Thai report on 2010 violence mixed

Sept. 19, 2012 at 1:39 PM
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WASHINGTON, Sept. 19 (UPI) -- A lawyer representing the Red Shirt movement in Thailand said a report on unrest in 2010 was a biased attempt to absolve crimes committed by Thai elites.

The Red Shirt movement is loyal to Thai Prime Minister Thaksin Shinawatra, who was ousted in a 2006 military coup and lives in self-imposed exile, mostly in Dubai. Clashes between Red Shirt supporters and security forces left at least 89 people dead in 2010.

A 275-page report from a truth and reconciliation commission said both sides were likely responsible for the escalation of violence in 2010. The BBC reports, however, that the commission lacked the authority to subpoena witnesses and therefore wasn't able to indicate which side was responsible for the deaths.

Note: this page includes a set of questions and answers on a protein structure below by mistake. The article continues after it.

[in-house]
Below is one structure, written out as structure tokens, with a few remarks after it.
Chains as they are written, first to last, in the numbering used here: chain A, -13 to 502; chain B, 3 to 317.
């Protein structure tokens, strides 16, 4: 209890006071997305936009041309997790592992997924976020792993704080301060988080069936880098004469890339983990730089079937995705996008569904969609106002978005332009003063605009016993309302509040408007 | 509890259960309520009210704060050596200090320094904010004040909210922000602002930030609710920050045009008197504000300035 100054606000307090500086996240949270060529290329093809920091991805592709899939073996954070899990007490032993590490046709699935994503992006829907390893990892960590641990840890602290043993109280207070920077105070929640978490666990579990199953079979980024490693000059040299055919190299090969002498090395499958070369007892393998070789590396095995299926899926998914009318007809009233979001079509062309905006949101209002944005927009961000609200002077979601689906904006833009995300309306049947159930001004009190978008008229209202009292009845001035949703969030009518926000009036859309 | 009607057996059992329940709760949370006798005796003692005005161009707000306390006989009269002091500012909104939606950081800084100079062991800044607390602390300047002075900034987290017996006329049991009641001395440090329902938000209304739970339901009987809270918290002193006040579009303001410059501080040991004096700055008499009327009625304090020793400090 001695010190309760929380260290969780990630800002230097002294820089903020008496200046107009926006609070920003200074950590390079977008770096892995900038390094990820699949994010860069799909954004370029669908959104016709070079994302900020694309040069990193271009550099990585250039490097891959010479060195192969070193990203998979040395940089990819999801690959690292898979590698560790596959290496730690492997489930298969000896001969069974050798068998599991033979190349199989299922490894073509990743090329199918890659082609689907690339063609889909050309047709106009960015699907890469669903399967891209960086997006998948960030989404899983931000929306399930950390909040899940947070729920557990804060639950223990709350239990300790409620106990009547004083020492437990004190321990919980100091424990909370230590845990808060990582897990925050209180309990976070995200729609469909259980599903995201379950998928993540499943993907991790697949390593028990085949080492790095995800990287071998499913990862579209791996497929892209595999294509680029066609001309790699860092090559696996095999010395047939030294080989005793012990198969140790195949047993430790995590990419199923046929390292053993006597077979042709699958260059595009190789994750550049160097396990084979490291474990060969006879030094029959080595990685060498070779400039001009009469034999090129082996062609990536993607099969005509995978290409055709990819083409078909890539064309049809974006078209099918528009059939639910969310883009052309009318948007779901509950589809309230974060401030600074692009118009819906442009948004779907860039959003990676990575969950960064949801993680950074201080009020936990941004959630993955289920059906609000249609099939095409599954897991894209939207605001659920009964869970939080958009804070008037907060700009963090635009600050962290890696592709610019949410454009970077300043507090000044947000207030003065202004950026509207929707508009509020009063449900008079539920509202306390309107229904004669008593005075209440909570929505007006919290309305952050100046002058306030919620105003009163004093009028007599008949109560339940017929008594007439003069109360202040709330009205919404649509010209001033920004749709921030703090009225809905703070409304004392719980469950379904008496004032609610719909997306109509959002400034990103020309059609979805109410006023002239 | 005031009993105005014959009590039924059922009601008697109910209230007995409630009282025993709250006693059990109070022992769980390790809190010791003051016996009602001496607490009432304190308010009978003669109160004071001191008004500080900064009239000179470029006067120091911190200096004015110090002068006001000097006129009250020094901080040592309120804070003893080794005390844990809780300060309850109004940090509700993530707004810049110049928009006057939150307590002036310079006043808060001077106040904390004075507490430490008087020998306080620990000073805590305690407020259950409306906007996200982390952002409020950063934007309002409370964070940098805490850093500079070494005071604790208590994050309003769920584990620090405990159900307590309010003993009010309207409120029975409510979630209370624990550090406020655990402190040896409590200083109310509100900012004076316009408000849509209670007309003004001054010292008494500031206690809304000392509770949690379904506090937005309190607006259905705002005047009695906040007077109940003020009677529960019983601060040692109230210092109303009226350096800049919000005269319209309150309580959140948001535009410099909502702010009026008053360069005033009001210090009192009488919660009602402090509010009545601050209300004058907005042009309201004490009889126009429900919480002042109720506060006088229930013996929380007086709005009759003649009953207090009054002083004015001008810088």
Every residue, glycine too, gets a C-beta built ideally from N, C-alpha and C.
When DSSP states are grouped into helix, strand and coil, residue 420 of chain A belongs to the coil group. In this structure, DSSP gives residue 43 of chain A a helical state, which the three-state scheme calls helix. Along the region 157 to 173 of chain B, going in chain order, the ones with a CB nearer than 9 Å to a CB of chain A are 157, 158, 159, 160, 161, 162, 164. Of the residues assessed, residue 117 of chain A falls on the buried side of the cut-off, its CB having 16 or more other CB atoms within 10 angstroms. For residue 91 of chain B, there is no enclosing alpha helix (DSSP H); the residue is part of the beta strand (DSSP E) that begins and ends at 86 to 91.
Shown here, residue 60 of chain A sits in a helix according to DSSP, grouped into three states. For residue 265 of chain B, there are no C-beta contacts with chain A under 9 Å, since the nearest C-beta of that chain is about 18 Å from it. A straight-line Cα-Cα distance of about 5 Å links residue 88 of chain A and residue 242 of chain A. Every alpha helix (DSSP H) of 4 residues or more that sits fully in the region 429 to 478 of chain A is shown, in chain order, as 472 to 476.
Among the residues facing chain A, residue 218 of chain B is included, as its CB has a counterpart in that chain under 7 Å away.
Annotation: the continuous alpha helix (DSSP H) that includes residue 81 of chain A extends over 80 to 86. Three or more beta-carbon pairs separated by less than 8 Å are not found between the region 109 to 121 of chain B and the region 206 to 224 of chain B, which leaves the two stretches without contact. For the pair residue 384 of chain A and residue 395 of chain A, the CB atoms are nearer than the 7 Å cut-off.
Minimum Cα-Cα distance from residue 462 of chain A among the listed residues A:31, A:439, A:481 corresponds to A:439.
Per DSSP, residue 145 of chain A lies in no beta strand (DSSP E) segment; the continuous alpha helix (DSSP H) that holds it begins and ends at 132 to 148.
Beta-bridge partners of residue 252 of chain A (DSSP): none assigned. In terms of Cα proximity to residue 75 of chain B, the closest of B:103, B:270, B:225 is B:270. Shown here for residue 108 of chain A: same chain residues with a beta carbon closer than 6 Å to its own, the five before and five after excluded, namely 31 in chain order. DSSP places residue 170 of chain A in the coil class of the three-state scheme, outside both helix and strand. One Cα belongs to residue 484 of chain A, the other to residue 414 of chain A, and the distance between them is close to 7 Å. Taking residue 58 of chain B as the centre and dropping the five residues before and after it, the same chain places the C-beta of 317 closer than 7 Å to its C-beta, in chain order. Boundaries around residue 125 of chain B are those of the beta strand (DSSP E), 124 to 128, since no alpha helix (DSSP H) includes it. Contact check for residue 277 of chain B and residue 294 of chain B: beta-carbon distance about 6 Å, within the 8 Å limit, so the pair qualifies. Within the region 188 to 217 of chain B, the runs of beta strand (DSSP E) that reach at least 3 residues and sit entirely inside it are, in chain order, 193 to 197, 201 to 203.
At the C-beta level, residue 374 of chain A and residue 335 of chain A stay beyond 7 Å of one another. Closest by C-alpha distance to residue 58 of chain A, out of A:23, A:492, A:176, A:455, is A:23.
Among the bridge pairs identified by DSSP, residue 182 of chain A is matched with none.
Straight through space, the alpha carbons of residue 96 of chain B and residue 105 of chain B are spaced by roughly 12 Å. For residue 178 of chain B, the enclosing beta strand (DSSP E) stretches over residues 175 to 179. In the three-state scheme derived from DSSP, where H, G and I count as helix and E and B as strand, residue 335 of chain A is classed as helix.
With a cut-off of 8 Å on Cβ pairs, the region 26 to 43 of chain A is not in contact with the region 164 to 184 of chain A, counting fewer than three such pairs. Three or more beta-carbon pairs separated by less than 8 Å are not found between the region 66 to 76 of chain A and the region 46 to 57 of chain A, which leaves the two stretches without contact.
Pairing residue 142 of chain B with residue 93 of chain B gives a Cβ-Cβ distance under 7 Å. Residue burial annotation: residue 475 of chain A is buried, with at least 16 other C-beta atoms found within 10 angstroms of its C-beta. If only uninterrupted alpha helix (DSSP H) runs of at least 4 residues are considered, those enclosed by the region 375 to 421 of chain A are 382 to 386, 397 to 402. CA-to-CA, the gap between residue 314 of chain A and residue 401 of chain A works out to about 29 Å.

Robert Amsterdam, legal counsel for the Red Shirt movement, said the report was an insult to those caught up in the 2010 violence.

"The Red Shirts reject the conclusions of this biased report as another attempt to whitewash the crimes against humanity committed by a small group of Thai elites," he said in a statement from Washington.

A breakaway general was assassinated during a live media interview amid the unrest in 2010.

The BBC reports that the human rights community blames the use of live ammunition by government forces for much of the deaths. Members of the protest movement, however, were likely responsible for some deaths as well.

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